I also want to just compliment Mr Charles Beer, the Liberal member for York-Mackenzie, who quite skilfully, I must say, steered the social development committee, as Chair of that committee, through the debate on Bill 119. I want to thank Charles on a personal note for his leadership there. He really is a very good Chairperson of a committee. We did have a number of conflicting and often controversial presentations before that committee dealing with Bill 119 and other pieces of legislation that have appeared before the social development committee, and Mr Beer does a very skilful job as Chair.
I do find this resolution put forward by the parliamentary assistant for the NDP somewhat ironic, though, because it was certainly the NDP government here in Ontario and the federal Liberal government that, I think, did more to encourage cigarette smoking in this country and in this province than any other governments in history, and that was by their actions in concert to lower the taxes on cigarettes and tobacco products. Yes, there was a smuggling problem, but I would have thought that the NDP, because it spent a couple of weeks holding out on this issue, would have continued to hold out on the issue and not lower taxes, given that it has Bill 119 going through the House. Bill 119 is their Tobacco Control Act.
I want to set the record straight, with respect to my party, on Bill 119. The parliamentary assistant, Mr O'Connor, has accused us publicly of holding up this bill. I want to remind the people of Ontario that that's just bunk, that the government controls the agenda of this place, that the government has a majority on all standing committees and all committees of this Legislature and certainly has such a commanding majority that neither the PCs by themselves nor the Liberals by themselves nor the Liberals and PCs together can do anything about the agenda in this House, given that the government controls it with its majority. Therefore, if they want 119 to go through, they should bring it back for further debate in this House so that it can proceed to a final vote.
When it did appear in the House a couple of weeks ago, two of my colleagues, Mr Runciman, the member for Leeds-Grenville, and Mr Jordan, the member for Lanark-Renfrew, quite correctly, I think, brought forward some concerns that we had not heard during the hearings at the social development committee. Those were concerns regarding job losses. Since that time, more people have come forward expressing to my party the job losses that may be incurred as a result of the passage of Bill 119, and particularly the regulatory authority contained in that bill regarding plain packaging. That's what the issue of jobs has centred around, the issue of plain packaging and the printing industry.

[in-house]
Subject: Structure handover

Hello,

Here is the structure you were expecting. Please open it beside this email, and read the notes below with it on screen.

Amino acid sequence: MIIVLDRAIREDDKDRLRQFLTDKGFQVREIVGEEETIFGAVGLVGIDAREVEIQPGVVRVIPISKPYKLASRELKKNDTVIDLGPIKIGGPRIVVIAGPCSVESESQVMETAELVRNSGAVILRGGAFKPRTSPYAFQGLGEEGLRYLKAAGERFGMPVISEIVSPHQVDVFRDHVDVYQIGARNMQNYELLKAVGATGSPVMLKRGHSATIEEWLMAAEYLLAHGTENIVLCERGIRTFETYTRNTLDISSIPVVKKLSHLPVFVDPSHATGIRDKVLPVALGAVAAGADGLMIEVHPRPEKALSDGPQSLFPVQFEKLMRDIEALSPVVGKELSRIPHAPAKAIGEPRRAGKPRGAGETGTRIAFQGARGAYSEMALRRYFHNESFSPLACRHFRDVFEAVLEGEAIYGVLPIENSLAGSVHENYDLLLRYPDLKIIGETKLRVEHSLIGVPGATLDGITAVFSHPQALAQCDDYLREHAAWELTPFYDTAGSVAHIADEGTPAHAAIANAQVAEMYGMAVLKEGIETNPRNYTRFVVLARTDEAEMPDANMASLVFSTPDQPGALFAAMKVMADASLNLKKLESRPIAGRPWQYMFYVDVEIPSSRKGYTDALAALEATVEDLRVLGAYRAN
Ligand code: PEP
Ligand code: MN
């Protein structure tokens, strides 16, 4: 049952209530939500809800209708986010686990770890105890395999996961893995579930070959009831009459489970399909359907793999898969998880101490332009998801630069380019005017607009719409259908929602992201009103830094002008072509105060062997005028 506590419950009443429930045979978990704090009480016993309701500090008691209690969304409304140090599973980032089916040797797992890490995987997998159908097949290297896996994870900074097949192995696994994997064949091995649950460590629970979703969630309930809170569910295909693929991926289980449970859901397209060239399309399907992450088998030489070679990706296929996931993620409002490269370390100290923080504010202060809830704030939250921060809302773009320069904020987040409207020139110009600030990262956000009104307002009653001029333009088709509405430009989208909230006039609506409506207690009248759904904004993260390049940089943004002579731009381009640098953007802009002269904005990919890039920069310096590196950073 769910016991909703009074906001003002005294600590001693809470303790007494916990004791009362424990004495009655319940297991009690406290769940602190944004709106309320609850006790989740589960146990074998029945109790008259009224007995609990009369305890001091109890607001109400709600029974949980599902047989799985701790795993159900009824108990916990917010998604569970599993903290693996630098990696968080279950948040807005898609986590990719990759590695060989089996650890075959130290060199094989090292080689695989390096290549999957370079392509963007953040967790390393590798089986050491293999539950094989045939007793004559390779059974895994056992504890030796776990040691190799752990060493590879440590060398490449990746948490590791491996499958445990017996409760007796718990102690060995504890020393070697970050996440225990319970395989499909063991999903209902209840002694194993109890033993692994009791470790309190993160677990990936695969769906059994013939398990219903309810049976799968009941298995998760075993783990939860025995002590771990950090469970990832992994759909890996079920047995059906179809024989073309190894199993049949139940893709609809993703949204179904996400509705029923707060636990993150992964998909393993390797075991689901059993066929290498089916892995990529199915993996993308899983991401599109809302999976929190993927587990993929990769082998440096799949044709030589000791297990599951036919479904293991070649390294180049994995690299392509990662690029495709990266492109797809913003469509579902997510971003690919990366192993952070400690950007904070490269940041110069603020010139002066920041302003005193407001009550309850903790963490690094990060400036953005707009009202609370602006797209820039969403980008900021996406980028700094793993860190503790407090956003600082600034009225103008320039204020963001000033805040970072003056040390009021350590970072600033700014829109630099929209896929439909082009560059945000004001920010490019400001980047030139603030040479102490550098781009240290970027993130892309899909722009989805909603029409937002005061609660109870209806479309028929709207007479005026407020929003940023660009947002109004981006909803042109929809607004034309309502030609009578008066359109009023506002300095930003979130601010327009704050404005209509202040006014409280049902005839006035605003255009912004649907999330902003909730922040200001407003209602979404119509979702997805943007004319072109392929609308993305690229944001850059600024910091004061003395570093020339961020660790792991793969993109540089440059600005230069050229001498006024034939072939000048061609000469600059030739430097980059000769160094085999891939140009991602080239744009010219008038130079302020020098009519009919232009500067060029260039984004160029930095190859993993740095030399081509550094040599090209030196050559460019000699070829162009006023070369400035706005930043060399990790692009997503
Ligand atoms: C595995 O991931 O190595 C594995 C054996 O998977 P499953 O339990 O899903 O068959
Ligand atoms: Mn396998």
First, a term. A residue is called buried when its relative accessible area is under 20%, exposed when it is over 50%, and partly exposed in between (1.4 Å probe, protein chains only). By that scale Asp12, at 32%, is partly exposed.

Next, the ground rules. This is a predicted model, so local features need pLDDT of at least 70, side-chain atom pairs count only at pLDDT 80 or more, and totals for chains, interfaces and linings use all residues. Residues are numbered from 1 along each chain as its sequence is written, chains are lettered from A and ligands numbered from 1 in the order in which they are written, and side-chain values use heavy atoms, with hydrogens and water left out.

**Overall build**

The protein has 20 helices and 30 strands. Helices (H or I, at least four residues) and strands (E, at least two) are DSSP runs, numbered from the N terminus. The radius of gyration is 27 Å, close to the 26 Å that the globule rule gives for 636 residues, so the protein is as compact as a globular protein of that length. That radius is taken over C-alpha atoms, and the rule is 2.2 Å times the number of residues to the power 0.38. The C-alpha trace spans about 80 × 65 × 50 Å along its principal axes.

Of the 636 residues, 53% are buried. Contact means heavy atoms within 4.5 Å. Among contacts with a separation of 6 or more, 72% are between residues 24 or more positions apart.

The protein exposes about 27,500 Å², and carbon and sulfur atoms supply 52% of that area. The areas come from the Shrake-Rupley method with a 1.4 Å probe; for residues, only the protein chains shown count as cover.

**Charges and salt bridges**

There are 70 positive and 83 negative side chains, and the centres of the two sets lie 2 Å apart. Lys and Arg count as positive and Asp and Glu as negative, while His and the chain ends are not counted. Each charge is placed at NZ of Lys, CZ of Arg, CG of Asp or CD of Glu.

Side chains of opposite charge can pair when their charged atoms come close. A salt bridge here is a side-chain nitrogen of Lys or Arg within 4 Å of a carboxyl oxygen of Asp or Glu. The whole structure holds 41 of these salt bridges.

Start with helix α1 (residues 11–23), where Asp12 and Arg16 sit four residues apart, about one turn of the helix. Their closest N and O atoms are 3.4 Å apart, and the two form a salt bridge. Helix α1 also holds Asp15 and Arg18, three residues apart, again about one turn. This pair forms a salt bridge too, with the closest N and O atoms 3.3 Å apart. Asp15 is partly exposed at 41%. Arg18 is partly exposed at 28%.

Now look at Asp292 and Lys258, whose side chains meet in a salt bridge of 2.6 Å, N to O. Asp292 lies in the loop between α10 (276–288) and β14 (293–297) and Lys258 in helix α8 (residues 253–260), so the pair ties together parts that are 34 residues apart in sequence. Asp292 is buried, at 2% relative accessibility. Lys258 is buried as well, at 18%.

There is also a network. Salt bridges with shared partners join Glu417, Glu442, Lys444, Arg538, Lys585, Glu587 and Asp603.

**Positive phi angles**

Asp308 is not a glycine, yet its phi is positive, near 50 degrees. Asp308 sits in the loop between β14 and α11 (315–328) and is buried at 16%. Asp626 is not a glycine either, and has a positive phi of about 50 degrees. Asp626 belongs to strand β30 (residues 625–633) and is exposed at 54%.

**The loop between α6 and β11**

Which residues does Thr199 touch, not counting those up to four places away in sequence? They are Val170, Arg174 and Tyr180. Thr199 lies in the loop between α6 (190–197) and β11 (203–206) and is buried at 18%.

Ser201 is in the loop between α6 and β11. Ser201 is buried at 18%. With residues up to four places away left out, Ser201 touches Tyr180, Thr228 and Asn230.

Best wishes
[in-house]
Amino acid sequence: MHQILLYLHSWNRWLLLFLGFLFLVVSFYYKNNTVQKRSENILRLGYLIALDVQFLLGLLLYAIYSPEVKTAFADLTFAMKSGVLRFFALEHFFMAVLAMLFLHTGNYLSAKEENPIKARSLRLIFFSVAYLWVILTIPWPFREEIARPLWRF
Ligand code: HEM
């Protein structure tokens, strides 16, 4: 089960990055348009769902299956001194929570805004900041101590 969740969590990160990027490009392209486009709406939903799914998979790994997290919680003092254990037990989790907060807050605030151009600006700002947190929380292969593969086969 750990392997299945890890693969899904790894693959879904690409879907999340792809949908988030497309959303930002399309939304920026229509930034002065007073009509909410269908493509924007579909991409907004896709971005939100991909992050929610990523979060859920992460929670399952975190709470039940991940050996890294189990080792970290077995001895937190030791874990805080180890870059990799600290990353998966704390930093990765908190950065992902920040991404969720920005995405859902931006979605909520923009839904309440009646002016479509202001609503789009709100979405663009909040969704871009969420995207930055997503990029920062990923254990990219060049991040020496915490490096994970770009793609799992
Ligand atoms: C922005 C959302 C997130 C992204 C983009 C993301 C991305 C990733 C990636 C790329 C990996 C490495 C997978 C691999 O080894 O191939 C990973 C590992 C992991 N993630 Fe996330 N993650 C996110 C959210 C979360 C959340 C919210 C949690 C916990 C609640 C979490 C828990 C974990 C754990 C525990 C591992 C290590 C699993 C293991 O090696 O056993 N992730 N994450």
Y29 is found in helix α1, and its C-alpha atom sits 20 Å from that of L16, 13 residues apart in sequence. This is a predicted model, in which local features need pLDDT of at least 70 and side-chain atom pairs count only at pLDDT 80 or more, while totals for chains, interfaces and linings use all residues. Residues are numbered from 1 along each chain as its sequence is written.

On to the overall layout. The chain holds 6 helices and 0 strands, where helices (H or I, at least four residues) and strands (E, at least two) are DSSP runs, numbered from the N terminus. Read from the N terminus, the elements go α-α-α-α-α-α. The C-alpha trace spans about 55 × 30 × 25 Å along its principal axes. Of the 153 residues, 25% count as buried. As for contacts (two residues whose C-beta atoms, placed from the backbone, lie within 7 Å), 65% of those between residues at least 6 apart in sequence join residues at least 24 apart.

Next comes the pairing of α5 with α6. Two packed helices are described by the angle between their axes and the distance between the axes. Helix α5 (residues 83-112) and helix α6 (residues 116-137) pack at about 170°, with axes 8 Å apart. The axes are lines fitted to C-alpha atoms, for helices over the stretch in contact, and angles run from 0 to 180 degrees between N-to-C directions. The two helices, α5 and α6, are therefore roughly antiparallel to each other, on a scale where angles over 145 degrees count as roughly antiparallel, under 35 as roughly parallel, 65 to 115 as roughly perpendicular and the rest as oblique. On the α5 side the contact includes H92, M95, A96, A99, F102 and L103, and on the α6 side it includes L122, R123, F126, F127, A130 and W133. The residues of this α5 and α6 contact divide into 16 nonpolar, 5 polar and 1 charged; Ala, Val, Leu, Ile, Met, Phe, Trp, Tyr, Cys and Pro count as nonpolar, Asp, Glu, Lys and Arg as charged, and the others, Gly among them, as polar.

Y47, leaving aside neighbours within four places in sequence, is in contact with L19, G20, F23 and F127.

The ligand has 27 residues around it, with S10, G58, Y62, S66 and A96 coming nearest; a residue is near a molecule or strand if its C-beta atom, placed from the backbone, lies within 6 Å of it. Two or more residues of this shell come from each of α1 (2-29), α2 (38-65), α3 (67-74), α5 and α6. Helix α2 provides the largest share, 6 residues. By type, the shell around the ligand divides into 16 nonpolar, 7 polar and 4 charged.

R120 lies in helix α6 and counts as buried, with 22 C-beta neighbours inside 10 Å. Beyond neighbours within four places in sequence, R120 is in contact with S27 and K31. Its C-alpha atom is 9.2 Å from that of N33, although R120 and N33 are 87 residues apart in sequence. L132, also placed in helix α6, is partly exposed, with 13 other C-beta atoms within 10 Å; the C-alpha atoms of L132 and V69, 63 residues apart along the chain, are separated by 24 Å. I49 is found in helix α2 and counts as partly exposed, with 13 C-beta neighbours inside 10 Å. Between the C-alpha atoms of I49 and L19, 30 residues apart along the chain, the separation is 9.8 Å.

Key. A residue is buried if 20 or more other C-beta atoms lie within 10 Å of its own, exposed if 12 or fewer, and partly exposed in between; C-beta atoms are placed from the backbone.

I want to read a letter that was sent to me, dated April 18, from David R. Esch. He's president of Rototone. He says: "I'm writing to inform you of the impact of the proposed legislation on plain packaging on my company, and to seek your support in defeating this legislation. I'm the president of Rototone Gravure in Mississauga. We employ 45 people and we estimate that about 50% of our work is for the cigarette industry.
"If this legislation is passed, most if not all of these people will lose their jobs. The 10 people employed by F.J. Murray, our machine shop, will also be unemployed and of course all of our suppliers will be affected."
That letter is the most recent one, and Rototone is located in Mississauga, Ontario, but during the debate in this House on Bill 119, as I said, my colleagues brought forward similar concerns from print shops in eastern Ontario that expressed that hundreds of jobs will be lost. What we've called for is a couple of things.
First is the concerns that were expressed by Mr Runciman and Mr Jordan with respect to their constituents and the job losses that are pending, if this particular section of Bill 119 goes through, that the government respond to their concerns in writing. I've expressed that personally to the parliamentary assistant to the Minister of Health. The Minister of Health herself, Ruth Grier, has asked me what their concerns are and I've expressed those to her and asked her to put the government's response in writing, because I think it's only fair that Mr Runciman and Mr Jordan be able to take back to their constituents in writing exactly what the government's position is with respect to plain packaging.
Secondly, I think the jobs are a very important issue. I want to just quote from the Minister of Health's statement to this House last week, dated April 21, when she was announcing a new economic development study that had been conducted in the health care field. On page 3 of her announcement in this House she says: "A recent study found that physical and psychological stress associated with unemployment costs Canada $1 billion a year in extra health care costs. It's clear that our physical wellbeing depends on our economic and social wellbeing, and that's why job creation is a health issue as well as an economic development issue."
We've been a long time stressing to this government that health care must become one of the engines that drives the economic recovery, and rather than the punitive measures we've seen this government bring forward on the heads of health care professionals and hospitals and health institutions in this province, we would like to see the government change gears and look at health care as an economic development opportunity and an export opportunity and we'll continue our push in that regard.